Premier Li Qiang on Thursday said the nation would take up its responsibility as the world's second-largest economy and act as an "anchor" for global peace and recovery.
He made the remarks at the official opening ceremony of the annual Boao Forum in Hainan, an event dubbed Asia's version of the World Economic Forum in Davos.
Addressing leaders and business heavyweights from more than 50 countries, Li said the region had to join hands to fight against unprecedented headwinds.
"Asia and the entire world are at a crossroads of history. We must hold high the banner of the vision of a community with a shared future for mankind, and join hands to foster an Asian community with a shared future. We need to work together to build an anchor for world peace and source of impetus for global growth and a new pacesetter for international cooperation," he said.
Li said that China's economic performance had improved in March, and that Beijing would introduce a series of measures to bolster domestic demand.
The premier also said the country would not seek modernisation through war, saying that any conflict would compromise Asia's development.
"Peace is the prerequisite of development. Without a generally peaceful and stable environment, Asia's remarkable progress in the past several decades would not have been possible. To achieve greater success, chaos and conflicts must not happen in Asia, otherwise the future of Asia would be lost."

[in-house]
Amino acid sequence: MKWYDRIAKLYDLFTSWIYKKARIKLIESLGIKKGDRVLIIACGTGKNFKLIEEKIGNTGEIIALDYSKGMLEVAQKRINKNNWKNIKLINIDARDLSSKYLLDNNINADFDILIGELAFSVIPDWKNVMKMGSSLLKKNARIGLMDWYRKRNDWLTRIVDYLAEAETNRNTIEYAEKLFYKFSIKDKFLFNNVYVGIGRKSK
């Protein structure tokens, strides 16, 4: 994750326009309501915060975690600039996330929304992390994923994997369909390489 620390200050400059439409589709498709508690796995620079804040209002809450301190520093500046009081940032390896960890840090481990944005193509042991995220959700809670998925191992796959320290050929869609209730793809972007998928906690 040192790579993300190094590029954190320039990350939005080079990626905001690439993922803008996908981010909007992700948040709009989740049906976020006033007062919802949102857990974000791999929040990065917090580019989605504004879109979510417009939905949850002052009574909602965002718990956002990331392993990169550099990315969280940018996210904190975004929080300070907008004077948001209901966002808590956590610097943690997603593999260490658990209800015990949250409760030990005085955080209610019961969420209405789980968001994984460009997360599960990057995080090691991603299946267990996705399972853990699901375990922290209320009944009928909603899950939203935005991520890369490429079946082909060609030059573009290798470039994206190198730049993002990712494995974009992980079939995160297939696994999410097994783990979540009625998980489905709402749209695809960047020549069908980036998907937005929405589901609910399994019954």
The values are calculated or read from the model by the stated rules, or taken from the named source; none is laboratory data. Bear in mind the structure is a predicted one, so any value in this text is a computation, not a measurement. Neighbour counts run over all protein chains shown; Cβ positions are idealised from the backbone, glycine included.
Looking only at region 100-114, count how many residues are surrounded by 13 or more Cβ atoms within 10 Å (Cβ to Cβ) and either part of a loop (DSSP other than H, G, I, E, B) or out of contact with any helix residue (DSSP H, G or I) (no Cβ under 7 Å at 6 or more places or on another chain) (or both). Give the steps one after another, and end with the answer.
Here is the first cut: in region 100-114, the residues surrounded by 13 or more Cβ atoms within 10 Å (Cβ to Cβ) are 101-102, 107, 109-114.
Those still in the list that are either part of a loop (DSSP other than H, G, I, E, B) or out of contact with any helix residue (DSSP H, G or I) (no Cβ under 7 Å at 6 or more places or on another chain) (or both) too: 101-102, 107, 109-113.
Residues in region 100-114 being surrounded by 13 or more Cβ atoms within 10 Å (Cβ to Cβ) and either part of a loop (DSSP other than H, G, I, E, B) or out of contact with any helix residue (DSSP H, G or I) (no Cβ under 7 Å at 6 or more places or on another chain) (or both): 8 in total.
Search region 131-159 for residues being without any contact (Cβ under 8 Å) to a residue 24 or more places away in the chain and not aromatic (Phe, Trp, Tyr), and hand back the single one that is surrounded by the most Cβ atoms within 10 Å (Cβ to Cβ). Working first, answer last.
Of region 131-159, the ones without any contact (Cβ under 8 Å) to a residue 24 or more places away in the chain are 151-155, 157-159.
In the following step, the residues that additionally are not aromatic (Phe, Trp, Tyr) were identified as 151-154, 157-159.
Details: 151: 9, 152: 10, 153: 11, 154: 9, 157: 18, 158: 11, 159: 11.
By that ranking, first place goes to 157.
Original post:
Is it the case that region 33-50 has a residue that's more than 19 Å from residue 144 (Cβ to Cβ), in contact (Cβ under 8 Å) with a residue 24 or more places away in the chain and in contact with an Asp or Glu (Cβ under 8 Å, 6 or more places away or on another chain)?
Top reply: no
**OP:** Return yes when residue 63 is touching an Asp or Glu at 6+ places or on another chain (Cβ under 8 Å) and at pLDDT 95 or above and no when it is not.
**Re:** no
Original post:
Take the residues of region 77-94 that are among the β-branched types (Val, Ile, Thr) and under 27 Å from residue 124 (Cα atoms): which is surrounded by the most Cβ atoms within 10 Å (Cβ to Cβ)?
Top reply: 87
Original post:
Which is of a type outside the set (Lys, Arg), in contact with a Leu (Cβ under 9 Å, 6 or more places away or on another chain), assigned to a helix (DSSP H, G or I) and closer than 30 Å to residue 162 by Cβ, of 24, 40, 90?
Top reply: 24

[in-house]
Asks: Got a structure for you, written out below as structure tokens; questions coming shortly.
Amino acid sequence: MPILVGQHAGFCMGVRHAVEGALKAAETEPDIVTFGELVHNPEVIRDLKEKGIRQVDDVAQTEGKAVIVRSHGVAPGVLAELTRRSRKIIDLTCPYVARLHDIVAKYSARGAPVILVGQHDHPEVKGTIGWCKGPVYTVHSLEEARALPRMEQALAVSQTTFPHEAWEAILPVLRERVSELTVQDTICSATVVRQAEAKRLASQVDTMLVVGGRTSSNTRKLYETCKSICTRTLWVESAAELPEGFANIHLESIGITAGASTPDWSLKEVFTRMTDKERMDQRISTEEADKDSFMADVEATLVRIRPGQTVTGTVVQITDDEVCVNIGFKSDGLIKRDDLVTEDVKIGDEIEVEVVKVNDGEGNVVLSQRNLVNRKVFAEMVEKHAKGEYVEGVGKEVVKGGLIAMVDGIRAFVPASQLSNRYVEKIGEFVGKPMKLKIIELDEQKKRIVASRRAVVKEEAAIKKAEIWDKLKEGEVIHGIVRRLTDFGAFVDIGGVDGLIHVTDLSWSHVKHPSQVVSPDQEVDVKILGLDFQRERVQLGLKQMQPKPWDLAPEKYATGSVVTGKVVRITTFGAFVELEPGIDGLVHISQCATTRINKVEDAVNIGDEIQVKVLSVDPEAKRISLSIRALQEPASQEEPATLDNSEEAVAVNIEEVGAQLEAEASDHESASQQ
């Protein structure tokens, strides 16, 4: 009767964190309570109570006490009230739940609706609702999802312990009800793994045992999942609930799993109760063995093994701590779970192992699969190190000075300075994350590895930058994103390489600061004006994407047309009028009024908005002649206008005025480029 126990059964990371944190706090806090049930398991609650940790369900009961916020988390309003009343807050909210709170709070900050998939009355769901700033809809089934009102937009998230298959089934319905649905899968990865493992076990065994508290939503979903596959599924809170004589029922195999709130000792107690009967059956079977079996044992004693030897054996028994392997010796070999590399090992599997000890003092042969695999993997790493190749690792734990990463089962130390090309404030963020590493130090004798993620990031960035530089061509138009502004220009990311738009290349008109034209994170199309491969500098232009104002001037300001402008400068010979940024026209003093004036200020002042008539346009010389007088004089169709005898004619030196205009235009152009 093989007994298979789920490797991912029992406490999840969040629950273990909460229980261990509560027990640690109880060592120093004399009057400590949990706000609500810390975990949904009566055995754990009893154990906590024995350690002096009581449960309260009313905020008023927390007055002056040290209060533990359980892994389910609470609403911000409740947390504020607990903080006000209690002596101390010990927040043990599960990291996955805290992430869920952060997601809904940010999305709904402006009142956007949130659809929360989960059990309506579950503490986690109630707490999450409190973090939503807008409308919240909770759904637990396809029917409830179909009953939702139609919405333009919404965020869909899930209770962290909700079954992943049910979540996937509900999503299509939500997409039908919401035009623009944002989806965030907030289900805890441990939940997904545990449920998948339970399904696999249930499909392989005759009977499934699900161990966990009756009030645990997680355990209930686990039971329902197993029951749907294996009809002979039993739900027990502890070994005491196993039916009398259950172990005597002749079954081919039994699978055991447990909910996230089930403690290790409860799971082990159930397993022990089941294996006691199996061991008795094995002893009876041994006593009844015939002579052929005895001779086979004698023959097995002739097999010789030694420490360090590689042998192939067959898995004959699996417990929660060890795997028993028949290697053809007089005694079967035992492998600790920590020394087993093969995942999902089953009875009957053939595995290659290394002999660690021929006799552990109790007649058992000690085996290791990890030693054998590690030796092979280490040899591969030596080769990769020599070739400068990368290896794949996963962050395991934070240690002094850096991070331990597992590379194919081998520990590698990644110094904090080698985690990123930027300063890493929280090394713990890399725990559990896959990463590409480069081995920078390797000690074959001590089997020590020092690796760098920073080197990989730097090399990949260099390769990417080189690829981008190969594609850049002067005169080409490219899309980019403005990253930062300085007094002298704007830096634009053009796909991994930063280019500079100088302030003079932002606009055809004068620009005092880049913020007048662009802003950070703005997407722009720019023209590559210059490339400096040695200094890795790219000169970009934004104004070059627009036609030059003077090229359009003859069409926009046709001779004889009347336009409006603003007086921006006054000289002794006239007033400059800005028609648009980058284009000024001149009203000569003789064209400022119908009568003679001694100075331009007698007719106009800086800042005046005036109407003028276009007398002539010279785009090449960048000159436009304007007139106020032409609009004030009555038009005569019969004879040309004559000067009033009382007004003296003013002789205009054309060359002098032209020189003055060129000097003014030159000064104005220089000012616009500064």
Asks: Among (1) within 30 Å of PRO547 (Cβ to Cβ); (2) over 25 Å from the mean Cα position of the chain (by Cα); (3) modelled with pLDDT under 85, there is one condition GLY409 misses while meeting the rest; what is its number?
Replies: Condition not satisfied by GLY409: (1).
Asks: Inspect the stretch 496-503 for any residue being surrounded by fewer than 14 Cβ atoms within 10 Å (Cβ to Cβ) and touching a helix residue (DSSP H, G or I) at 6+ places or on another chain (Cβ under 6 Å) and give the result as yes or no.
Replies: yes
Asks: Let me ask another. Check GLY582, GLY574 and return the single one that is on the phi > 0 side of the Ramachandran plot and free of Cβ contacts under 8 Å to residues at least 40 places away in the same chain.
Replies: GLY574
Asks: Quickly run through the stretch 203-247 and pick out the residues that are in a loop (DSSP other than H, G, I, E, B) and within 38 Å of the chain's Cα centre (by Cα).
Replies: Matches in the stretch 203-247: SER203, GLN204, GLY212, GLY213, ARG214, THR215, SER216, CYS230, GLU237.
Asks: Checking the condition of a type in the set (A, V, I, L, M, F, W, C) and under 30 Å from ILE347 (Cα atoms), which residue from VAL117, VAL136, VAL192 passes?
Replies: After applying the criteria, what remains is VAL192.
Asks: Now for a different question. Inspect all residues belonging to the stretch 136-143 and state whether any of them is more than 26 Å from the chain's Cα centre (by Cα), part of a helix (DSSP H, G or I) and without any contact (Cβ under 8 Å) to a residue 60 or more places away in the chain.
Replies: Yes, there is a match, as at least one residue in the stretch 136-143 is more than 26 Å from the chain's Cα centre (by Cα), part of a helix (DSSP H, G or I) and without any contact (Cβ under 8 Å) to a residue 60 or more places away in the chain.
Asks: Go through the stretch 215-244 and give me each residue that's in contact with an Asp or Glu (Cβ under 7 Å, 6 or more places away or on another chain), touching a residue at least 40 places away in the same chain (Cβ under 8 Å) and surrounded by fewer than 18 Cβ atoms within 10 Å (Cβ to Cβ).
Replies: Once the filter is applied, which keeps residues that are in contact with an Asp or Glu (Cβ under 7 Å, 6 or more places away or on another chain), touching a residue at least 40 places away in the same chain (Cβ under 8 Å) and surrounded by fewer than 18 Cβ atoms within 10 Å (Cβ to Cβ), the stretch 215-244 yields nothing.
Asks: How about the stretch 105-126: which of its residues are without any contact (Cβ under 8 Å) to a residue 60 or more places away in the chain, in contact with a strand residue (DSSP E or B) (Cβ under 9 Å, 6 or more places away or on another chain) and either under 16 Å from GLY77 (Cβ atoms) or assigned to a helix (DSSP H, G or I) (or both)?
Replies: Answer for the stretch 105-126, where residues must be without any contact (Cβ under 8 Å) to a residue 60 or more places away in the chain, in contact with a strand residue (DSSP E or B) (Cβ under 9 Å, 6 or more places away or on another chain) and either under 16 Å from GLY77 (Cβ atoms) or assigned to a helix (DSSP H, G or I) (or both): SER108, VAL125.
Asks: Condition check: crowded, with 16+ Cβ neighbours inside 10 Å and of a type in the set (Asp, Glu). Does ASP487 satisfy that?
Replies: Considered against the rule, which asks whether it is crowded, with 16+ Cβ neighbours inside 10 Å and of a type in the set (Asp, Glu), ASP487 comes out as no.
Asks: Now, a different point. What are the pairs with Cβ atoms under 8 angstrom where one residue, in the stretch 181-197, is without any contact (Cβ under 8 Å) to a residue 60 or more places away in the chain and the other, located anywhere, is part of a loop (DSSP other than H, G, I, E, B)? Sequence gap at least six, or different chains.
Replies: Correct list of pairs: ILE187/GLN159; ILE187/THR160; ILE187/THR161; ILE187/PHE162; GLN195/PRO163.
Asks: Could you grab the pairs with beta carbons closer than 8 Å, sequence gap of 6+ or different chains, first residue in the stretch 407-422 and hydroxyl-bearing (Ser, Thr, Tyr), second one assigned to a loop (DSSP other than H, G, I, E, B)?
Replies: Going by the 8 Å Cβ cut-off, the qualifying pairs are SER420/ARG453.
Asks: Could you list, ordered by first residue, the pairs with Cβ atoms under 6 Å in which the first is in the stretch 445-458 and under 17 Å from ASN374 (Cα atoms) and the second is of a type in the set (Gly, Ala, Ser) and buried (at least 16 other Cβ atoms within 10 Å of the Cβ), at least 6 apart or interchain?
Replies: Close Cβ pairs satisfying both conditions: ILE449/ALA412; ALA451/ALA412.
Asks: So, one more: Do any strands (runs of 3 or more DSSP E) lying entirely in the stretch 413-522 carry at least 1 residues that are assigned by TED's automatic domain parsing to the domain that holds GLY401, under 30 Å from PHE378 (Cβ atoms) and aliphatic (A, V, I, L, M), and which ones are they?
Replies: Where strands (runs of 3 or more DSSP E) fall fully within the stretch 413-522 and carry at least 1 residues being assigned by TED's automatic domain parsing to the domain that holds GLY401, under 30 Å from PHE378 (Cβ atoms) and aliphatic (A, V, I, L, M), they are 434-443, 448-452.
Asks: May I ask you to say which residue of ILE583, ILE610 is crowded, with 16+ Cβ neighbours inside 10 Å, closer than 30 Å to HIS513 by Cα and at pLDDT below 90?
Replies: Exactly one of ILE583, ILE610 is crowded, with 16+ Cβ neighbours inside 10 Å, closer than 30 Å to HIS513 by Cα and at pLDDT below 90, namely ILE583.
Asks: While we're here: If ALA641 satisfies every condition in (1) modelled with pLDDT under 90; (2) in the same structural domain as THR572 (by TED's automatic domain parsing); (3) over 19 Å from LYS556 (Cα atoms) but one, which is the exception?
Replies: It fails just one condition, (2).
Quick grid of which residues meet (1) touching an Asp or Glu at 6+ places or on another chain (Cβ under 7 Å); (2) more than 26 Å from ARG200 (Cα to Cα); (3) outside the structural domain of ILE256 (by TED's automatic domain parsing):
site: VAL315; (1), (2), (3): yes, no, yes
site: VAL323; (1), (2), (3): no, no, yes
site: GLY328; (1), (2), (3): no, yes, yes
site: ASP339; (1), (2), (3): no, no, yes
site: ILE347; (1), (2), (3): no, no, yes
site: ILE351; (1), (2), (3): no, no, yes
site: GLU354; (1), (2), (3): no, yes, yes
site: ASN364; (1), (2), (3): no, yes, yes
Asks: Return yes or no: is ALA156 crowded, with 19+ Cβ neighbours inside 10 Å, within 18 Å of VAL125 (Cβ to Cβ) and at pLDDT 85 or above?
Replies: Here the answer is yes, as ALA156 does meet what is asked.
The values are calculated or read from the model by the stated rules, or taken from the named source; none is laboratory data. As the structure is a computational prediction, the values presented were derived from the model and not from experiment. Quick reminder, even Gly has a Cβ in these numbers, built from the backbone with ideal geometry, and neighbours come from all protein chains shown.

Chief Executive John Lee attended the opening session and was seen in a group photo with Li and other Hong Kong representatives on Thursday morning.
On Wednesday, the CE met Hainan authorities and visited medical tourism facilities in the province. Lee said he was looking to strengthen ties between Hainan and the SAR, and contribute to trade development there.
The four-day Boao gathering comes amid rising tensions between China and the US, and as Beijing rolls out a charm offensive to woo overseas business and investment.
Also speaking at the forum, Singapore's prime minister Lee Hsien Loong called for stronger ties within Asia as the region grapples with a troubled global environment.
The Singapore leader expressed hope that Beijing and Washington can resolve their differences, saying that any clash between the superpowers will have "grievous consequences for themselves and the world".
"We hope that China and the United States will succeed in stabilising their relationship and establishing mutual trust and respect to cooperate in areas where their interests are aligned."
Meanwhile in her speech, the head of the International Monetary Fund, Kristalina Georgieva, welcomed China’s engagement in the Common Framework programme and participation in the new Global Sovereign Debt Roundtable.
But she also warned of the potential impact of trade fragmentation in Asia, saying countries in a stronger position should help others with debt woes.